5. 2* / 3*. I whizzed through this until I got held up by my final three answers in the SE corner taking my time up to 2*. In spite of a couple of dodgy clues (22a & 21d) and some iffy surfaces, this was good fun. 7d was my favourite.

    Many thanks to Mr Ron and to BD.

  6. Think I’m home and dry but will pin the puzzle up and check next week. Bit unsure re. 23a. Liked 7 and 8 down. All thanks.

    1. I’m unsure re 23a too. I have the reverse of intense but can’t figure out two of the letters of the 3 letter word!

  7. A bit of a curate’s egg but pleased to have some food for thought in addition to the fun. South beat the North to it. I’m with RD re the two dodgy clues to which, like Margaret, I would add 10a. 19d was a bung-in as that kind of key didn’t occur to me. Joint Favs 11a and 3d. Thank you Mysteron and BD.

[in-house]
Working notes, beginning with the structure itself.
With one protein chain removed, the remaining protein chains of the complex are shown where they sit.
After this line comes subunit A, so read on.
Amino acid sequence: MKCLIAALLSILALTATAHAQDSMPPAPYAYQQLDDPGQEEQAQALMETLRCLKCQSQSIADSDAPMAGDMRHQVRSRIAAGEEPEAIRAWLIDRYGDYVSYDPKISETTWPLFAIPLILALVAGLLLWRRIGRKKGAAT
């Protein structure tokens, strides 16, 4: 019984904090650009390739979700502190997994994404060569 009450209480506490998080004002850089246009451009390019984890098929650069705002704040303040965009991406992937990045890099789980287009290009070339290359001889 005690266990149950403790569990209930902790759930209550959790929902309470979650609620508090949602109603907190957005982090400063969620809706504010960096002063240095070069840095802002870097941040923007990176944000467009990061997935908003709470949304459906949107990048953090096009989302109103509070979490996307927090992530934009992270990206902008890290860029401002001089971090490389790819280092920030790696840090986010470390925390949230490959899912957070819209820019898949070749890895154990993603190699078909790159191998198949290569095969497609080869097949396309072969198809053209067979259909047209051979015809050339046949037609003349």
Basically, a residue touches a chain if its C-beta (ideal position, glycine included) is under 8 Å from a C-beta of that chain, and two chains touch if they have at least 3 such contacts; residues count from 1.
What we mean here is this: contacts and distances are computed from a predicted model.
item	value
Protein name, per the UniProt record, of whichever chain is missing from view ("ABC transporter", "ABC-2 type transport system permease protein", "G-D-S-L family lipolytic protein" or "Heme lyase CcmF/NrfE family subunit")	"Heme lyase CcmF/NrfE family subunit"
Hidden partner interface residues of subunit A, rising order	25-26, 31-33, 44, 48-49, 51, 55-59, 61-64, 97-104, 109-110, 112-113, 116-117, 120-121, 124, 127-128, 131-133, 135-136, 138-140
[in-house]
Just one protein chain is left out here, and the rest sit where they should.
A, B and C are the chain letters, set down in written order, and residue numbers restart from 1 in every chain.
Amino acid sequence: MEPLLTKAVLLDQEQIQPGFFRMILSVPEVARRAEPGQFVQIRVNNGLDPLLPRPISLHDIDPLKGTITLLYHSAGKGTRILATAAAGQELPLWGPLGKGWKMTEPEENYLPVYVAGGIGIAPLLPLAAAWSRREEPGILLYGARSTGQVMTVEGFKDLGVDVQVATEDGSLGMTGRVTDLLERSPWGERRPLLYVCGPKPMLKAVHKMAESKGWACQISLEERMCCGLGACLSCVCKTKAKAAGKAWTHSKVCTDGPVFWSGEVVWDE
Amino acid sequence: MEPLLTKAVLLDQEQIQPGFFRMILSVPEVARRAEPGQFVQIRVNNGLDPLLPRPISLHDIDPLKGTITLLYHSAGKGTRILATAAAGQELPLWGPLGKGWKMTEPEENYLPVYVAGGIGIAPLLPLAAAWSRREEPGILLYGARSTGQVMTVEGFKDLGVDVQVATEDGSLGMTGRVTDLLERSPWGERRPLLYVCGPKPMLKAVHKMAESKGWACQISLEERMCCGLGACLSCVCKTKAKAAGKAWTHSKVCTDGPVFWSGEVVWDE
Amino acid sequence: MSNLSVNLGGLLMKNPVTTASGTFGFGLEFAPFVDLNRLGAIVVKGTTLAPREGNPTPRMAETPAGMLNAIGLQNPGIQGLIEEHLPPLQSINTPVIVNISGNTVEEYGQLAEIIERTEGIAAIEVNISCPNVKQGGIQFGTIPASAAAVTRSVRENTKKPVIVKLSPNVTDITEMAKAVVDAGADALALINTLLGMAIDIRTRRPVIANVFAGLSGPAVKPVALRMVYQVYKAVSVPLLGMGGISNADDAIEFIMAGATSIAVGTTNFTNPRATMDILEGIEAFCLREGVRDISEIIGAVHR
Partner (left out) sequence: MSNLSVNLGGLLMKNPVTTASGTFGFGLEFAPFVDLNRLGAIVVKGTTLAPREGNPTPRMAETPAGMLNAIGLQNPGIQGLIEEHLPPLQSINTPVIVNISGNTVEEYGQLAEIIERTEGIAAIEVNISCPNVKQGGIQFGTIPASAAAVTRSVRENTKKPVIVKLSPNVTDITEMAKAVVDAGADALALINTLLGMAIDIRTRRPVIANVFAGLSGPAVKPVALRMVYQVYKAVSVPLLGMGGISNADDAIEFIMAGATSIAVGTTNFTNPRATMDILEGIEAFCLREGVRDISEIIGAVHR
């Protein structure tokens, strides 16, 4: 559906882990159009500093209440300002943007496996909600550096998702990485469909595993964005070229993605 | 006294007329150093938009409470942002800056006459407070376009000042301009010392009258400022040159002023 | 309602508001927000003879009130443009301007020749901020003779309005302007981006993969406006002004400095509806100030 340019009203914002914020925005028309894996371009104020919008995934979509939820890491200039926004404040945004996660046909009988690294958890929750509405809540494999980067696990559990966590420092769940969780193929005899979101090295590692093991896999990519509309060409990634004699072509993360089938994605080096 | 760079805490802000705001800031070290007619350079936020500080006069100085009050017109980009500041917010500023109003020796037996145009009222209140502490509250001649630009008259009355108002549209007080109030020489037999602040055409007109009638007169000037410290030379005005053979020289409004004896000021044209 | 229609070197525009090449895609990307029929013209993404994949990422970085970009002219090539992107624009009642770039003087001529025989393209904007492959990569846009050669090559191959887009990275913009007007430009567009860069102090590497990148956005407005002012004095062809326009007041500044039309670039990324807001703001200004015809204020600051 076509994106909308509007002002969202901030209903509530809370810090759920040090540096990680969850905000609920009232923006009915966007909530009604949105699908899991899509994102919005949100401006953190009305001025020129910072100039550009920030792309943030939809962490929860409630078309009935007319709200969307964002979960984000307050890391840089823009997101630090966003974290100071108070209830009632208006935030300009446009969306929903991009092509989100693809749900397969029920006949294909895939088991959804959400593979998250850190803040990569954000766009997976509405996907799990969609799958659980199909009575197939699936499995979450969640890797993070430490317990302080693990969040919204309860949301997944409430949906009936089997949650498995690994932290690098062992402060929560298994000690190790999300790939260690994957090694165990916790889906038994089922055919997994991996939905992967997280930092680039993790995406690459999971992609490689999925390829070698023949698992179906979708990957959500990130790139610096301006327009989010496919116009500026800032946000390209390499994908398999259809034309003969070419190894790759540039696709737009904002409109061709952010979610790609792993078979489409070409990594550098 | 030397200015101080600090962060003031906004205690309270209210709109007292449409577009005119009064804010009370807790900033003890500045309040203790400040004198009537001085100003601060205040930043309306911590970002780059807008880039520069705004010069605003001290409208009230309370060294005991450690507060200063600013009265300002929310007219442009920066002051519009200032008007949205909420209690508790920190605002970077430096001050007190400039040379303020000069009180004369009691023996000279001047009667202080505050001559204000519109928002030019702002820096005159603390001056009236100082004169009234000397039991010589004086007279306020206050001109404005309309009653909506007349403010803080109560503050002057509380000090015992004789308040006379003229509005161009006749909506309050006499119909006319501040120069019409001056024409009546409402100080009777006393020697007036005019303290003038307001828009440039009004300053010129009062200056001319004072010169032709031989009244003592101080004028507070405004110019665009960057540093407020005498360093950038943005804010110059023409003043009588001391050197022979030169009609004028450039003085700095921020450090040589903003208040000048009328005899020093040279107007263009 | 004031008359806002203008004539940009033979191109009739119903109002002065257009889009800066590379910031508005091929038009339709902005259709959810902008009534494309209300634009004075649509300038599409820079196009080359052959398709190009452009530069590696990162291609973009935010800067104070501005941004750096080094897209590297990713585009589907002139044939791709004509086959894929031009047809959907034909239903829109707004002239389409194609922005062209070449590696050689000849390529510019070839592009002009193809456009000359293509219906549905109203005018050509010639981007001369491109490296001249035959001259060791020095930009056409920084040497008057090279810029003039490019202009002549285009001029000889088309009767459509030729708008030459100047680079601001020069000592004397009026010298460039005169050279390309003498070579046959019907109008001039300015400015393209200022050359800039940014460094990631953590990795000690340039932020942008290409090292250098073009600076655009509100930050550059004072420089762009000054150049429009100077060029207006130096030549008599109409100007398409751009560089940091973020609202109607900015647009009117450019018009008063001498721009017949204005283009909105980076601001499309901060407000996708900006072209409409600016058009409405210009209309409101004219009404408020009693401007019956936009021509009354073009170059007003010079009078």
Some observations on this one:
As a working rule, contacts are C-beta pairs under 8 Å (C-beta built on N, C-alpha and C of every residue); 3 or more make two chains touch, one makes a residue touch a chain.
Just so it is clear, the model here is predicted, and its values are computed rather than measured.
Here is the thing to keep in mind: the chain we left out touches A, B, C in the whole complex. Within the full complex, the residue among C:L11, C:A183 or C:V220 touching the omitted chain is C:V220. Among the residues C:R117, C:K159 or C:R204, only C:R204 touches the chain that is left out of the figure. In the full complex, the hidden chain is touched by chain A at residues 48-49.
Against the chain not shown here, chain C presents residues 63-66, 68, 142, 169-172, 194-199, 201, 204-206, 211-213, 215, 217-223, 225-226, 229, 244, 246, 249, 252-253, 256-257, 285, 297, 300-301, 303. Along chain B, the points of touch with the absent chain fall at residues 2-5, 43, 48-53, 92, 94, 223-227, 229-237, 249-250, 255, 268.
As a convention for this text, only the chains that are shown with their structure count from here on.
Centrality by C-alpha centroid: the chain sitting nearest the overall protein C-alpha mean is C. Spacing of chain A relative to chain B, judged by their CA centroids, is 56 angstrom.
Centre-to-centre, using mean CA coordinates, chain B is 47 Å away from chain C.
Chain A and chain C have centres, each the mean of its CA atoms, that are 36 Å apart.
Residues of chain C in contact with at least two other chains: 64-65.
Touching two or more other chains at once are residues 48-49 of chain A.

8. I’ve got a few reservations about this one – some of the clues definitely falling into the ‘nearly but not quite’ category.

    Can’t go with the flow and nominate 7d for top billing as the programme never appealed so I had to check my answer with Mr Google before committing to it. 8d raised a smile as I recalled the debate we’ve had on here previously about this issue. Feelings seemed to run high!

    Thanks to Mr Ron and to BD for the club. Hope you’ve got a good NTSPP for us today.

    1. I’m with you Jane re 7d – Kent meant nothing to me here but no longer calling helped the penny to drop.

  9. Thank you for the hint for 17d, Dave, because I was sailing along nicely until I ran aground on the rocks in the south west corner. I have to confess that I groaned aloud when I realised what the answer to 15d was but, unlike Agellov, the penny dropped very quickly for 19d.

  10. A bit tougher than some recent Saturdays but that could just be me. Getting a new 7d was quite stressful and didn’t go as smoothly as It could. NE was last in. I think I have 10a right but it is a bit of a dodgy homophone. 1a took a while too – could a ballet be a concerto? But the penny dropped eventually.